SUMMARY / RELATED TOPICS

In graph theory, a regular graph is a graph where each vertex has the same number of neighbors. A regular directed graph must satisfy the stronger condition that the indegree and outdegree of each vertex are equal to each other. A regular graph with vertices of degree k is called a k‑regular graph or regular graph of degree k. From the handshaking lemma, a regular graph of odd degree will contain an number of vertices. Regular graphs of degree at most 2 are easy to classify: A 0-regular graph consists of disconnected vertices, a 1-regular graph consists of disconnected edges, a 2-regular graph consists of a disjoint union of cycles and infinite chains. A 3-regular graph is known as a cubic graph. A regular graph is a regular graph where every adjacent pair of vertices has the same number l of neighbors in common, every non-adjacent pair of vertices has the same number n of neighbors in common; the smallest graphs that are regular but not regular are the cycle graph and the circulant graph on 6 vertices.

The complete graph K m is regular for any m. A theorem by Nash-Williams says that every k‑regular graph on 2k + 1 vertices has a Hamiltonian cycle, it is well known that the necessary and sufficient conditions for a k regular graph of order n to exist are that n ≥ k + 1 and that n k is even. In such case it is easy to construct regular graphs by considering appropriate parameters for circulant graphs. Let A be the adjacency matrix of a graph; the graph is regular if and only if j = is an eigenvector of A. Its eigenvalue will be the constant degree of the graph. Eigenvectors corresponding to other eigenvalues are orthogonal to j, so for such eigenvectors v =, we have ∑ i = 1 n v i = 0. A regular graph of degree k is connected if and only; the "only if" direction is a consequence of the Perron–Frobenius theorem. There is a criterion for regular and connected graphs: a graph is connected and regular if and only if the matrix of ones J, with J i j = 1, is in the adjacency algebra of the graph. Let G be a k-regular graph with diameter D and eigenvalues of adjacency matrix k = λ 0 > λ 1 ≥ ⋯ ≥ λ n − 1.

If G is not bipartite D ≤ log ⁡ log ⁡ + 1. Fast algorithms exist to enumerate, up to isomorphism, all regular graphs with a given degree and number of vertices. Random regular graph Strongly regular graph Moore graph Cage graph Highly irregular graph Weisstein, Eric W. "Regular Graph". MathWorld. Weisstein, Eric W. "Strongly Regular Graph". MathWorld. GenReg software and data by Markus Meringer. Nash-Williams, Valency Sequences which force graphs to have Hamiltonian Circuits, University of Waterloo Research Report, Ontario: University of Waterloo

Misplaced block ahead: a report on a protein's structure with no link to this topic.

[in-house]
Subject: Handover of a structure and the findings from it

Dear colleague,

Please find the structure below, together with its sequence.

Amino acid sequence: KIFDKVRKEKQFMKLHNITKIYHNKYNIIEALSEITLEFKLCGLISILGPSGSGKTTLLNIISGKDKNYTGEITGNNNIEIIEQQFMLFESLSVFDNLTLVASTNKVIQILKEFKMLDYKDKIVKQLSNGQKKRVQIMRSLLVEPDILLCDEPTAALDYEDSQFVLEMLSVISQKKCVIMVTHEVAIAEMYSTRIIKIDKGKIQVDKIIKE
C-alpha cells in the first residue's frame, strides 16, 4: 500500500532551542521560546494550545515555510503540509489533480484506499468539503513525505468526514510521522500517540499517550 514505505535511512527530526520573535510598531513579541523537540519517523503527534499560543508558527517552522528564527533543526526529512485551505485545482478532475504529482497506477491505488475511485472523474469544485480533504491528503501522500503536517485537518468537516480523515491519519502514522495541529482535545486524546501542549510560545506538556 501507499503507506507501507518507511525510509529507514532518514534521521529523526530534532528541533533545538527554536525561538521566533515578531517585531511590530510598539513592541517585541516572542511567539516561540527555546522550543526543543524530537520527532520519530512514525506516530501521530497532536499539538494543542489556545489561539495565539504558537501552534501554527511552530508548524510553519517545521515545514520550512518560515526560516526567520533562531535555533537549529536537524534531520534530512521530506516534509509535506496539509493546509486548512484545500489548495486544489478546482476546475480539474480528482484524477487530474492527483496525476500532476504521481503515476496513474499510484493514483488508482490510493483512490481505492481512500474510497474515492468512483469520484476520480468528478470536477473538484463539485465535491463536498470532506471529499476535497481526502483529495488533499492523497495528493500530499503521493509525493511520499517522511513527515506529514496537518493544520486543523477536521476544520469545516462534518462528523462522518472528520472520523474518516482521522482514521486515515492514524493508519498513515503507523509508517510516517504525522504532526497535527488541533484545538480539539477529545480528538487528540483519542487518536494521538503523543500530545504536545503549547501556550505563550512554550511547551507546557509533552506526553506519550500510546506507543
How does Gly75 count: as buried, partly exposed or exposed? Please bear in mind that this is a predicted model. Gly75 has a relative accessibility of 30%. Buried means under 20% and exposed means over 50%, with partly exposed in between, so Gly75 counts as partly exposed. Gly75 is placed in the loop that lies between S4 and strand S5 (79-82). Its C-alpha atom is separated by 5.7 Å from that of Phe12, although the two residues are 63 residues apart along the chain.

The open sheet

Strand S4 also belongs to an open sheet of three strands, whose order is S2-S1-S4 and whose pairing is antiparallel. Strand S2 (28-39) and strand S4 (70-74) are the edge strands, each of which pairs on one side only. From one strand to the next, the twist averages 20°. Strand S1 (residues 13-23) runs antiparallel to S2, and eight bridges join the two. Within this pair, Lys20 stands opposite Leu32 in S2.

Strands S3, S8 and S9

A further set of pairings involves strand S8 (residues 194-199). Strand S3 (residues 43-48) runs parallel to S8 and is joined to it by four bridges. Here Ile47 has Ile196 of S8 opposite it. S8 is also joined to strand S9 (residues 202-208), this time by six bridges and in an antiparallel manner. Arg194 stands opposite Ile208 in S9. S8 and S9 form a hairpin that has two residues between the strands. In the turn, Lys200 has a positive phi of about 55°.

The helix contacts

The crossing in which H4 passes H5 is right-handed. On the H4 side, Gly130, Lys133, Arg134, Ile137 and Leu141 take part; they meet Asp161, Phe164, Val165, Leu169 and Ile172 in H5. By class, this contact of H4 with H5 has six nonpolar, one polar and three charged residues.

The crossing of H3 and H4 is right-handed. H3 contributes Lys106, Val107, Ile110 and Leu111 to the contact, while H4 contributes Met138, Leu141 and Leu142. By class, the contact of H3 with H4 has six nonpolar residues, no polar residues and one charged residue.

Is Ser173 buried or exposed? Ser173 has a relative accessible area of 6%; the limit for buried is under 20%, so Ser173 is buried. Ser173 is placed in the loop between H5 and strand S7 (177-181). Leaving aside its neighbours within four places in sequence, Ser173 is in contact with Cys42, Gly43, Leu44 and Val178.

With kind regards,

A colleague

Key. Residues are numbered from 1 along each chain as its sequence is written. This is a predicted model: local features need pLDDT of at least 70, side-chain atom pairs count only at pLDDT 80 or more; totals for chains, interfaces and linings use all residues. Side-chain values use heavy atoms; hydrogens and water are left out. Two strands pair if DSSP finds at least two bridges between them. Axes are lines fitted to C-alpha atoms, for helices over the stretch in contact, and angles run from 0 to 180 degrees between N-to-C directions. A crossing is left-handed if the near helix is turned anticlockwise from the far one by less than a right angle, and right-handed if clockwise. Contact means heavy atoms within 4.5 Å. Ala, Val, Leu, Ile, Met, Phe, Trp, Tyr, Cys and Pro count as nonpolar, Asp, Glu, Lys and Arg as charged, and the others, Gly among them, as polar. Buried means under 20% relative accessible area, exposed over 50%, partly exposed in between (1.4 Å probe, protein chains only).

Mooswald is a district in the western part of Freiburg im Breisgau, which consists of the two districts Mooswald West and Mooswald East. In the North East, Mooswald borders the district of Brühl, with its airfield, the University campus of the technical faculty and the exhibition centre. Mooswald further borders the district of Landwasser in the North West, the district of Stühlinger in the East and the district of Betzenhausen with the Seepark in the South West. Mooswald is separated from Brühl by the Breisgau S-Bahn, from Landwasser by the Westrandstraße and from Stühlinger by the railway tracks of the freight railway. In 1932, the city council of Freiburg decided on the construction of a suburb settlement at the former western border of the city, the Mooswald, after the government of the German Reich decided on an unemployment programme in 1931, in times of high unemployment; the houses were built independently by the settlers and could be purchased as leasehold estates. After 1933 the project was continued as "Nationalsozialistisches Siedlungswerk".

In 1934, a settler union was established. The simple houses had neither electricity nor gas nor a connection to the sewage system at the beginning. At the beginning the water supply was achieved with pump wells on the properties. Big gardens enabled the self-sufficiency of the settlers with the cultivation of potatoes and vegetables and allowed the keeping of small animals. In 1938, the Catholic Church Holy Family was built in this region. During the air raid on Freiburg in November 1944, 80% of the district was destroyed. In 1945, active reconstruction work with simple means started. In 1948, the station "Im Wolfswinkel" was established at the railway line to Breisach. In 1952, today's civic association Mooswald e. V. was founded. The city of Freiburg established a landfill site in the nearby "Wolfswinkel". In 1953, the Evangelic St. Mark Church was built as an emergency church; the district received a primary school with the Mooswald school in 1955/56, a community house was completed. After the end of World War II, the preservation of the western part of the Mooswald was a permanent topic for the inhabitants of the district of Mooswald, since the forest became affected more and more by the city's expansion to the west.